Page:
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The step-by-step guide to avoiding bad tenants

Property Management

Property Brokers 10 Oct 2017

Blog-32-The-step-by-step-guide-to-avoiding-bad-tenants-726x504.pngWorried about missed rents or damaged property? Don’t fall into a tenancy nightmare; follow this step-by-step guide to avoiding bad tenants before they sign the lease.

Read more: Risky Tenants Guide

Step 1: Realign your expectations

Like most things in life, finding the right tenants is all about having the right mindset. If you’re a new landlord, you might have an idea of a picture-perfect tenant in your head: well-mannered and mild, and never late with payments.

However, the reality is that even great tenants can fall off the tracks every once in awhile. A financial issue could make a rental payment late, or a new job offer could send them across the country, leaving your property vacant. This doesn’t make them a bad tenant—it’s just part and parcel of the landlording life.

Realigning your expectations is the key to managing these situations. Before you even begin your search, know that you should hope for the best; but plan for the worst. Even if you do accidentally take on a bad tenant, this mindset will ensure you are ready to fix that problem and get back on track.

 

Step 2: Credit and reference check

Any good landlord or property manager is going to have a set pre-tenancy application check in place. You’ll be asking for names, previous addresses, identification, current landlord’s details, and so on. Perhaps most importantly, however, you’ll be asking them for references and a consent to a credit check.

The credit check will ensure that you’re not accidentally accepting the application of someone who is financially unstable (or can’t afford the rent), while the references will identify those people who might not give your property the respect it deserves.

All too often, amateur landlords miss out these checks and go on their ‘gut feeling’ instead. They are absolutely integral to the overall success of your rental property.

 

Step 3: Ask your interview questions carefully

These questions on the pre-tenancy application, however, are not going to be enough. Most of the information present on such documentation is useful for getting credit checks and gathering references (more on those later), but not great at telling you what kind of person they are; whether they could be a bad tenant or not.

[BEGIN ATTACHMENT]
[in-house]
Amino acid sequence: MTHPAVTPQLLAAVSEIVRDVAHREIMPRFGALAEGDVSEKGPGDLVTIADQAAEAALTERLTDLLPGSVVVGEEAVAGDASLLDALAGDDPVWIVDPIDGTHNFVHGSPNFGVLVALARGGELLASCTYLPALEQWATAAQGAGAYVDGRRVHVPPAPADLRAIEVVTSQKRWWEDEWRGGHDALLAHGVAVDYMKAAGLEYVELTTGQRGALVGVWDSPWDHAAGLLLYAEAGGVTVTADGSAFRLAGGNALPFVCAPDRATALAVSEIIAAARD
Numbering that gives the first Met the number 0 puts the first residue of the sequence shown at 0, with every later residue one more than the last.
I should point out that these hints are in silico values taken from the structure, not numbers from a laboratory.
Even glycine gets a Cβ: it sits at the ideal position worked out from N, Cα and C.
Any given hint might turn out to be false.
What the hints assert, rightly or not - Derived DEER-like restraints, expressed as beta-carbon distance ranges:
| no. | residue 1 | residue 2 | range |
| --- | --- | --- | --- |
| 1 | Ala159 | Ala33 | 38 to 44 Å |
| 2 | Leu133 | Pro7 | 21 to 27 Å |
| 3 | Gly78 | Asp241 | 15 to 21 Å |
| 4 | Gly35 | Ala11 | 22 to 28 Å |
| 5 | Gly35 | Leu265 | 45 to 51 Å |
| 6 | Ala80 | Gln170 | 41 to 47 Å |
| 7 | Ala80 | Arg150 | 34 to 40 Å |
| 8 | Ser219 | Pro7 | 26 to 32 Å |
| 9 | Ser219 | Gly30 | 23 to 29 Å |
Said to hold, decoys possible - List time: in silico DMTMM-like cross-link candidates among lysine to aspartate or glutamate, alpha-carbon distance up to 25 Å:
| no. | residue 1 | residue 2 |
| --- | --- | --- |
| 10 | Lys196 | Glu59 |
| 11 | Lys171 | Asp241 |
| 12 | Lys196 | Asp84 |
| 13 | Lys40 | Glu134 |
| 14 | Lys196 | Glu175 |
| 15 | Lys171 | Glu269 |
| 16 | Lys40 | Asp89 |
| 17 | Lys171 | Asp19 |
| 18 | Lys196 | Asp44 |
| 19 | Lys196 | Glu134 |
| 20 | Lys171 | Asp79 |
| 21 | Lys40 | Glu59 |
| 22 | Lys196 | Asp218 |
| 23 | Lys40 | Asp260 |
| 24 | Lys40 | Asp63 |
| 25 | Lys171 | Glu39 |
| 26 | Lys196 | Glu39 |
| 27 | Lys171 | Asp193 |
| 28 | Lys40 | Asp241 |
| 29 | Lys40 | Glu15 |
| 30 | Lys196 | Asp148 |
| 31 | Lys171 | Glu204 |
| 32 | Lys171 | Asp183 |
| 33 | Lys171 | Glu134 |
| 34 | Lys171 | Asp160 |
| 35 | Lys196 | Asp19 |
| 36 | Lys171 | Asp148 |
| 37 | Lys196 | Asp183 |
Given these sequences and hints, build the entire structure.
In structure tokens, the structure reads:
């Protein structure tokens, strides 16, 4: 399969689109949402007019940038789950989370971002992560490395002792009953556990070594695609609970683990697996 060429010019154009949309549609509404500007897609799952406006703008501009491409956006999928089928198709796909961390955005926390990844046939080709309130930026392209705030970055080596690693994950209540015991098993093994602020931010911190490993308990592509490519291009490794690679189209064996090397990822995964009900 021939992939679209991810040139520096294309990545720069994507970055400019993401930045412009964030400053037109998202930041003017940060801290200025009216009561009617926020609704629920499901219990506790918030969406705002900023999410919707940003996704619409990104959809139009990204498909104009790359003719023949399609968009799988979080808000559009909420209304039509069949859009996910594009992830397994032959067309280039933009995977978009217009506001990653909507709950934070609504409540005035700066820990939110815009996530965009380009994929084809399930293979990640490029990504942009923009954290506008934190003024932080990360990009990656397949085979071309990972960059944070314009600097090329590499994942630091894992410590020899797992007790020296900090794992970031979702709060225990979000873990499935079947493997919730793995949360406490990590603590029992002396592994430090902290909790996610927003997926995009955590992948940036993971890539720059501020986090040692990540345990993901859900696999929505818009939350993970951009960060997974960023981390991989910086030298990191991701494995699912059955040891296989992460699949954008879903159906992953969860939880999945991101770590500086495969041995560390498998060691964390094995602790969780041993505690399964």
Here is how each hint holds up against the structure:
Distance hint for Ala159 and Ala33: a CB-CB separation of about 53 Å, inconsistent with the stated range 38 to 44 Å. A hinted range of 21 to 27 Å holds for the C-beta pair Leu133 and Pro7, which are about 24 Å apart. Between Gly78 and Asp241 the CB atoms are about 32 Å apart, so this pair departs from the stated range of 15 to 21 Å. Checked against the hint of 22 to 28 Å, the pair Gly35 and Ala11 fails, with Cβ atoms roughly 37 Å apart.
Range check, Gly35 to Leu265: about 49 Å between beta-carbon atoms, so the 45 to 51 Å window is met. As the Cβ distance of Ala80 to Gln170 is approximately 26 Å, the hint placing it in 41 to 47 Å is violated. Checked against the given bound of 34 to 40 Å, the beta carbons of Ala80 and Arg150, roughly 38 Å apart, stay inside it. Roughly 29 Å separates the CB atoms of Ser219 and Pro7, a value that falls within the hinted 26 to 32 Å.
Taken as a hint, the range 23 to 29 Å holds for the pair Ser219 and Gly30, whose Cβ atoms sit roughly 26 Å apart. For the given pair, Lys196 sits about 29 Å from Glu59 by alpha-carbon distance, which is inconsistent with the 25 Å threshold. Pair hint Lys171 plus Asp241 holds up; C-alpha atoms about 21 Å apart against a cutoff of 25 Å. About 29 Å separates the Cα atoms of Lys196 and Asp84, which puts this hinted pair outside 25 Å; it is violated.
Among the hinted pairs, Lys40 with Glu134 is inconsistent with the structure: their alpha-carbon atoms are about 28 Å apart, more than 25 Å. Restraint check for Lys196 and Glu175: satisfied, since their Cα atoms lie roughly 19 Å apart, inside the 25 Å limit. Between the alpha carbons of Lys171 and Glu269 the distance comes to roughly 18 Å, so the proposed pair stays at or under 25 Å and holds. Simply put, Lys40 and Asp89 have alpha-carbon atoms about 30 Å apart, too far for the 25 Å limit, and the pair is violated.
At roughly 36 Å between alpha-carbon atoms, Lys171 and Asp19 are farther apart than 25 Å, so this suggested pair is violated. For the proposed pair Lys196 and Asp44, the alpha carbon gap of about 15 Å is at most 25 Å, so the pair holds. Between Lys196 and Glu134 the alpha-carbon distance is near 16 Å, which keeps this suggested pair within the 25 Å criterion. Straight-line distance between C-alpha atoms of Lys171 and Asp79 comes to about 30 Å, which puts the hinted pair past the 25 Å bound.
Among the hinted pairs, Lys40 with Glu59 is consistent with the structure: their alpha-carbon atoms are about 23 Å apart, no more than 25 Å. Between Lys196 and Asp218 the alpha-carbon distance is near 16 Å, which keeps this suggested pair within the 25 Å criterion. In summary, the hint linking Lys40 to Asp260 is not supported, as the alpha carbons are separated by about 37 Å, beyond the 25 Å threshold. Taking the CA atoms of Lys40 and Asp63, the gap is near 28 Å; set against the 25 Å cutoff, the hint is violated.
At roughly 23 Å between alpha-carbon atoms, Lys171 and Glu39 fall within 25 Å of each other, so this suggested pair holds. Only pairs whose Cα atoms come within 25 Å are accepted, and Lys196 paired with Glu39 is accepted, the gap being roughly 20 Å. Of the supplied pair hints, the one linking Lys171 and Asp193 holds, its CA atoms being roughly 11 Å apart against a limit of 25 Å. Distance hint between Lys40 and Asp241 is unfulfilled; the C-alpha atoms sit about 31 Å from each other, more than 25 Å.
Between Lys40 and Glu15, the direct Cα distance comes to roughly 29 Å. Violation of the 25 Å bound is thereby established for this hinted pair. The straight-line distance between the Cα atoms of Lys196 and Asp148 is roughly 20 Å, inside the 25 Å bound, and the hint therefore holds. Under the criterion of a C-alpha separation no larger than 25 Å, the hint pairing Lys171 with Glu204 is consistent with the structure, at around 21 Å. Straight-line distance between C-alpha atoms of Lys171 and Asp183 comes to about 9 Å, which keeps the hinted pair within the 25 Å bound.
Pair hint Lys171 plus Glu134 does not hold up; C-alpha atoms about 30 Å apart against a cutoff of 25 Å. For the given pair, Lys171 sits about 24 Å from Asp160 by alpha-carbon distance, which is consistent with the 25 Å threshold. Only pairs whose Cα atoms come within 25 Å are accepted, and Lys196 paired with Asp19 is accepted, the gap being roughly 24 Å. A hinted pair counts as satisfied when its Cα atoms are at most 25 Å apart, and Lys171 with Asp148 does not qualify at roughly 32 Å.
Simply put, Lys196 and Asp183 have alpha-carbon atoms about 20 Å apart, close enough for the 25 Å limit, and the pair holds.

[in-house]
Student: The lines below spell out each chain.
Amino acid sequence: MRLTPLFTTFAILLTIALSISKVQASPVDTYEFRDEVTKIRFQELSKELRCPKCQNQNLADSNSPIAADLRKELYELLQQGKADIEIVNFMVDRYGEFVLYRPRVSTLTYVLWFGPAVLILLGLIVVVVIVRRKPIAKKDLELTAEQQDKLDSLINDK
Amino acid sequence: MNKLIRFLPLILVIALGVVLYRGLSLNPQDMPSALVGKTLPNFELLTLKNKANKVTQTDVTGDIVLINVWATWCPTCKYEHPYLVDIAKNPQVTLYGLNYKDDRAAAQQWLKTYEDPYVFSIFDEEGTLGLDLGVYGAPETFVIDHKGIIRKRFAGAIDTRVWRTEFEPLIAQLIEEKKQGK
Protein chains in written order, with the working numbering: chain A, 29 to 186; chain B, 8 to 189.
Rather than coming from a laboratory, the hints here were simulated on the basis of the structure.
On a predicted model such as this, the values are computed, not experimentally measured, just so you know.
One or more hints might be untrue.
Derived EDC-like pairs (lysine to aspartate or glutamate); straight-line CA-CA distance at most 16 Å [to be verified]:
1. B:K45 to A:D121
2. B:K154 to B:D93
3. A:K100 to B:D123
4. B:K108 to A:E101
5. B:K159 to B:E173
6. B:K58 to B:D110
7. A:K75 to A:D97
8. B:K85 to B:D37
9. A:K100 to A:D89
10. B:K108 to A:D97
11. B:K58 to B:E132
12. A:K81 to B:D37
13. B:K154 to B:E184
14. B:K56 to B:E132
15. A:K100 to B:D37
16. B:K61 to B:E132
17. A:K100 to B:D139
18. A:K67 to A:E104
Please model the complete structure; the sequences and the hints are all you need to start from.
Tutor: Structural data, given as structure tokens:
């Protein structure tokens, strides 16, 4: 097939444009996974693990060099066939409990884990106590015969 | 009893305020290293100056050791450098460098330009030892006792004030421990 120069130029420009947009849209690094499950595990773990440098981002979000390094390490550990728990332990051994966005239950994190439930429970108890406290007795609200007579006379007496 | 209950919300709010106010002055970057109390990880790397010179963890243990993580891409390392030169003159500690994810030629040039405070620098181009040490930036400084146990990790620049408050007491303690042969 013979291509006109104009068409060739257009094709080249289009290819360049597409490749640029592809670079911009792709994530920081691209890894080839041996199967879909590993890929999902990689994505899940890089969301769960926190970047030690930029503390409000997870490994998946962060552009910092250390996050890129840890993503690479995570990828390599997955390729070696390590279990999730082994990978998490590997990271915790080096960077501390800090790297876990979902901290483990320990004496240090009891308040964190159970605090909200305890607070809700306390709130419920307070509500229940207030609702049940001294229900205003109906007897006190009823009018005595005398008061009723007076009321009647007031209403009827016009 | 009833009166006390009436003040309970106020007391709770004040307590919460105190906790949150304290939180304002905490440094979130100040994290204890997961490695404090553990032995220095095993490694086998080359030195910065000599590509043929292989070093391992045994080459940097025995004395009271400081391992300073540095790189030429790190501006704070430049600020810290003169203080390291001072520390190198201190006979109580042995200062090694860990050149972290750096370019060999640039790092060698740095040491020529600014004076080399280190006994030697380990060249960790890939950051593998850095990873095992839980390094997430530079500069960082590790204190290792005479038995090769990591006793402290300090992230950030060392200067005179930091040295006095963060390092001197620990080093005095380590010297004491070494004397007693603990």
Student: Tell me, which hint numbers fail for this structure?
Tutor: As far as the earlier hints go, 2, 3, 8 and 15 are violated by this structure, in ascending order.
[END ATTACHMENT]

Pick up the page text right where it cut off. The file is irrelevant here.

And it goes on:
If you’re interviewing a prospective tenant, you need to be careful with the kinds of questions that you ask. For example, you might ask how many people are planning to live at the property—and if any more might be joining them later down the line. If a two-bedroom apartment suddenly becomes home to three adults (or a new child arrives), that apartment might no longer be suitable.  You should also ask about pets and come to an agreement if there are to be any pets on the property now or in the future.

It’s not just about figuring out whether they are the right tenants for your property; it’s determining whether the property will be suitable for them as well. Formulate your interview questions with this in mind, combine it with your credit check, and you’ll have a good idea of who this prospective tenant is in terms of finances, personality and previous behaviour.

Read more: Why a distant landlord-tenant relationship is best

Step 4: Consult with an expert

If you have a property manager, you’re going to be presented with prospective tenants and weekly rental rates, rather than you having to hunt these down yourself. After all, the main point of hiring a property manager is that they can do all of the hard work for you.

But if you don’t have one on your team, it can be wise be ask the previous landlord (if available), about your prospective tenants. An easy question to ask would be “if you had the opportunity to tenant this person again, would you do so?”. If not, and the reasons why not are reasonable, you might have a problem on your hands.

This is also a good opportunity to consult a tenancy database if you haven’t already. These databases are used by landlords to warn other property investors of poor tenant behaviour. They might reveal something your reference checks didn’t!

 

Step 5: Accept or reject the application

If your checks have brought some potential issues to the surface, your consultant is saying that they are a bad bet and you found them stand-offish or shifty in the interview, it may be time to put that application to rest.

But there’s good news: there’s nearly always another applicant who is a better fit for your rental property. Don’t be afraid to walk away; but as we’ve said in step one, remember to manage your expectations with the kinds of tenants you are after!

 

Stop worrying about getting the wrong tenants. Arm yourself with the knowledge you need with our free ebook below.

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